Fig. 3

Phylogenetic relationships of a CMV partial coat protein, b PSbMV partial coat protein and c TuYV partial P0 nucleotide sequences of virus isolates from fenugreek (CMV MF176650, PSbMV MF176651 and TuYV MF176652) with other isolates of CMV, PSbMV and TuYV, respectively. GenBank accession numbers and isolate names are shown on the trees

A mixture of symptomatic and non-symptomatic fenugreek, self- sown lentil (Lens culinaris), self-sown field pea (Pisum sativum), burr medic (Medicago polymorpha) and barrel medic (Medicago truncatula) plants were collected from the same fenugreek field and tested using TBIA for the viruses mentioned above as well as for Subterranean clover stunt virus (SCSV) and FBNYV. CMV, PSbMV and TuYV were all detected however PSbMV was not found in burr medic or barrel medic (Table 2). All self-sown lentil and burr medic plants tested were positive for CMV while barrel medic had 60% CMV infection. Surprisingly, test results of non-symptomatic plants revealed reasonably high levels of infection. For example, all 3 self-sown field pea plants were positive for CMV, PSbMV and TuYV, despite two of the three plants displaying no symptoms. Although the percent of virus infection was higher in symptomatic fenugreek plants with red and yellow discolouration than in non-symptomatic plants (Table 2), non-symptomatic fenugreek plants still had 25% CMV and 13% TuYV infection. PSbMV was not detected in non-symptomatic fenugreek or in fenugreek and medics showing red discolouration. All field pea plants showing yellow discolouration that were tested were infected with PSbMV but infection in fenugreek and lentil with yellow discolouration was 25% and 60%, respectively. TuYV was detected in fenugreek with all symptom types and was also found in all other plant species tested, the percent infection in field pea was highest followed by fenugreek, medics and lentil (Table 2). AMV, BYMV, BLRV, TuMV, FBNYV and SCSV were not found in any of these diagnostic plant samples (Table 2).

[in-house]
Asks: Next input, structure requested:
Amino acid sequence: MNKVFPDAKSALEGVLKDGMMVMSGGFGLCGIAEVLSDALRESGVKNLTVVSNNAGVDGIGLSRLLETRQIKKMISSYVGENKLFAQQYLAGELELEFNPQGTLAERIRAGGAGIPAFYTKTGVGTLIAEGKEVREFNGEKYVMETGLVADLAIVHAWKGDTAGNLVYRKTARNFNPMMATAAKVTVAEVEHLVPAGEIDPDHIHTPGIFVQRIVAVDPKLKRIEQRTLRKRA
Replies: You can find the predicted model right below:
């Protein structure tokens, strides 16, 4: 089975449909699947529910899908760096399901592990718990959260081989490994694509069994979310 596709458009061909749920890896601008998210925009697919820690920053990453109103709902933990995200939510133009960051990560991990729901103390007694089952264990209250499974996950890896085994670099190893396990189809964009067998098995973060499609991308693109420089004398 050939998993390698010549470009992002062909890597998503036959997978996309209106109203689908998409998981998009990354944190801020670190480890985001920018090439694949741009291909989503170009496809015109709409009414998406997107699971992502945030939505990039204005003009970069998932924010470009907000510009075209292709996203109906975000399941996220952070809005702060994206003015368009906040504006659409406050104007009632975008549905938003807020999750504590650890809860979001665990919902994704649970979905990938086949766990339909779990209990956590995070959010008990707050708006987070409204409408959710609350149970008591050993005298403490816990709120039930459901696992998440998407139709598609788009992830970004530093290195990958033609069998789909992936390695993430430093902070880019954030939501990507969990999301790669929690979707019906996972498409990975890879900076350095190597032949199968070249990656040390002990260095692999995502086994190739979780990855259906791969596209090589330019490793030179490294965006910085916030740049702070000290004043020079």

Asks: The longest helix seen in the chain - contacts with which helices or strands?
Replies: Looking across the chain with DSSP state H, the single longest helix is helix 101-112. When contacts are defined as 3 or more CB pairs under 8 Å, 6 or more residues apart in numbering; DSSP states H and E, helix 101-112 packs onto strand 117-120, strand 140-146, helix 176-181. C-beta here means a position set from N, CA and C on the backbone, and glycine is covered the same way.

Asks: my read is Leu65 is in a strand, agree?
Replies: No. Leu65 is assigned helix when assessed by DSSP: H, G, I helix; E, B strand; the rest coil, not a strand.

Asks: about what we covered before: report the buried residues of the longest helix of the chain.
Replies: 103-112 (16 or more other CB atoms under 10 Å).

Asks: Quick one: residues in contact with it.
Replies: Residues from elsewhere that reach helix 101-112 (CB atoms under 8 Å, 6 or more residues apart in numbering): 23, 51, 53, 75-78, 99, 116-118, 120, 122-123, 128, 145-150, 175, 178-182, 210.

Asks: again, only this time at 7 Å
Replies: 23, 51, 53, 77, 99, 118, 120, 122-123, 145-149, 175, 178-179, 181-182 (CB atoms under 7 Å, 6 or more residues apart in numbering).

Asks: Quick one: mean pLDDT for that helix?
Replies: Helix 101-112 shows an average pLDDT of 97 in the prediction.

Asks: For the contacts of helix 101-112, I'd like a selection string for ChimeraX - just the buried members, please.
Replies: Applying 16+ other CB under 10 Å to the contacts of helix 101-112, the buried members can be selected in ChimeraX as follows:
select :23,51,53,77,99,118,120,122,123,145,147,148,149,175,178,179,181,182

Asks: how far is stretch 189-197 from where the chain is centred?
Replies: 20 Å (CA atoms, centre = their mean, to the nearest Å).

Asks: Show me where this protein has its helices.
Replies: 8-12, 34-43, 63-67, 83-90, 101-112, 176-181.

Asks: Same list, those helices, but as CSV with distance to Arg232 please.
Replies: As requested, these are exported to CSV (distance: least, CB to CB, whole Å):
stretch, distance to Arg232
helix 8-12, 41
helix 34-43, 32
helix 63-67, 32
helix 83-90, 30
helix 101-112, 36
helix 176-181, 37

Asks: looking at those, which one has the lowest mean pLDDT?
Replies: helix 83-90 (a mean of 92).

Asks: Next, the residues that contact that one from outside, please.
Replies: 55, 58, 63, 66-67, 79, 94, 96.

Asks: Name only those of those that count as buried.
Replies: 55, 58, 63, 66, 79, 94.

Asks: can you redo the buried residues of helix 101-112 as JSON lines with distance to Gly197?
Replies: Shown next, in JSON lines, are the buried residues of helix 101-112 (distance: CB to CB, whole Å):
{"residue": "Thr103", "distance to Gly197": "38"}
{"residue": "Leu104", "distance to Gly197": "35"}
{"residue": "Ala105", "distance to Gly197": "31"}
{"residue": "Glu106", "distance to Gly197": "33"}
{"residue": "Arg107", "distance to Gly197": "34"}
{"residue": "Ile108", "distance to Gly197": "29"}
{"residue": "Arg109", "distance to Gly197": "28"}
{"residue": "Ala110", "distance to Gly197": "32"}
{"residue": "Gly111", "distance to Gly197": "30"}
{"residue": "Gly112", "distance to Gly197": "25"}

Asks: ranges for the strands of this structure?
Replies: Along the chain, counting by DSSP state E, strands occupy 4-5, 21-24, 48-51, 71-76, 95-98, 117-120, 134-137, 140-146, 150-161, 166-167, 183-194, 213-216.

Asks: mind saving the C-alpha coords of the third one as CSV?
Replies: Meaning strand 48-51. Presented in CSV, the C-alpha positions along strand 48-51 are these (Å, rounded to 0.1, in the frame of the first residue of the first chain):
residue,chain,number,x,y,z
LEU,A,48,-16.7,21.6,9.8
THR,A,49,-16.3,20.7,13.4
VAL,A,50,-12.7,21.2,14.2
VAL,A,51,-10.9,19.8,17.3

Table 2

Percent of each virus species in symptomatic and non-symptomatic plants collected from a fenugreek crop naturally infected with virus and tested for a range of viruses using tissue blot immunoassay (TBIA). Plants are grouped according to visual symptoms

Type of sample

Visual symptoms

Percent virus infection

CMV

PSbMV

BWYV (TuYV)

AMV BYMV BLRV FBNYV SCSV TuMV

Fenugreek

Non-symptomatic

25

0

13

0

Fenugreek

Mild red discolouration

67

0

67

0

Fenugreek

Red discolouration, tip necrosis

86

0

79

0

Fenugreek

Yellow discolouration, tip necrosis

100

25

50

0

Self-sown lentil

Yellow discolouration

100

60

40

0

Self-sown field pea

Non-symptomatic

100

100

100

0

Self-sown field pea

Yellow discolouration

100

100

100

0

Burr medic

Red and yellow discolouration

100

0

67

0

Barrel medic

Red and yellow discolouration

60

0

60

0

Transmission of TuYV from canola to fenugreek var. Sungold (the seeds from which the infected crop was established) was assessed in a glasshouse experiment. 133 seedlings grown in insect proof cages were inoculated two weeks after germination with a known TuYV isolate using viruliferous Myzus persicae. Additional non-inoculated plants were kept as a negative control. Four weeks post inoculation, plants were tested for TuYV using TBIA, 84% of inoculated plants were positive, non-inoculated control plants were negative and non-symptomatic. To assess seed health, the fenugreek seeds were also tested for a range of viruses. One hundred seeds were sown in insect-proof cages in the glasshouse. Four weeks later, seedlings were tested for the presence of AMV, BYMV, CMV and PSbMV using TBIA. All seedlings tested for these seed-borne viruses were negative.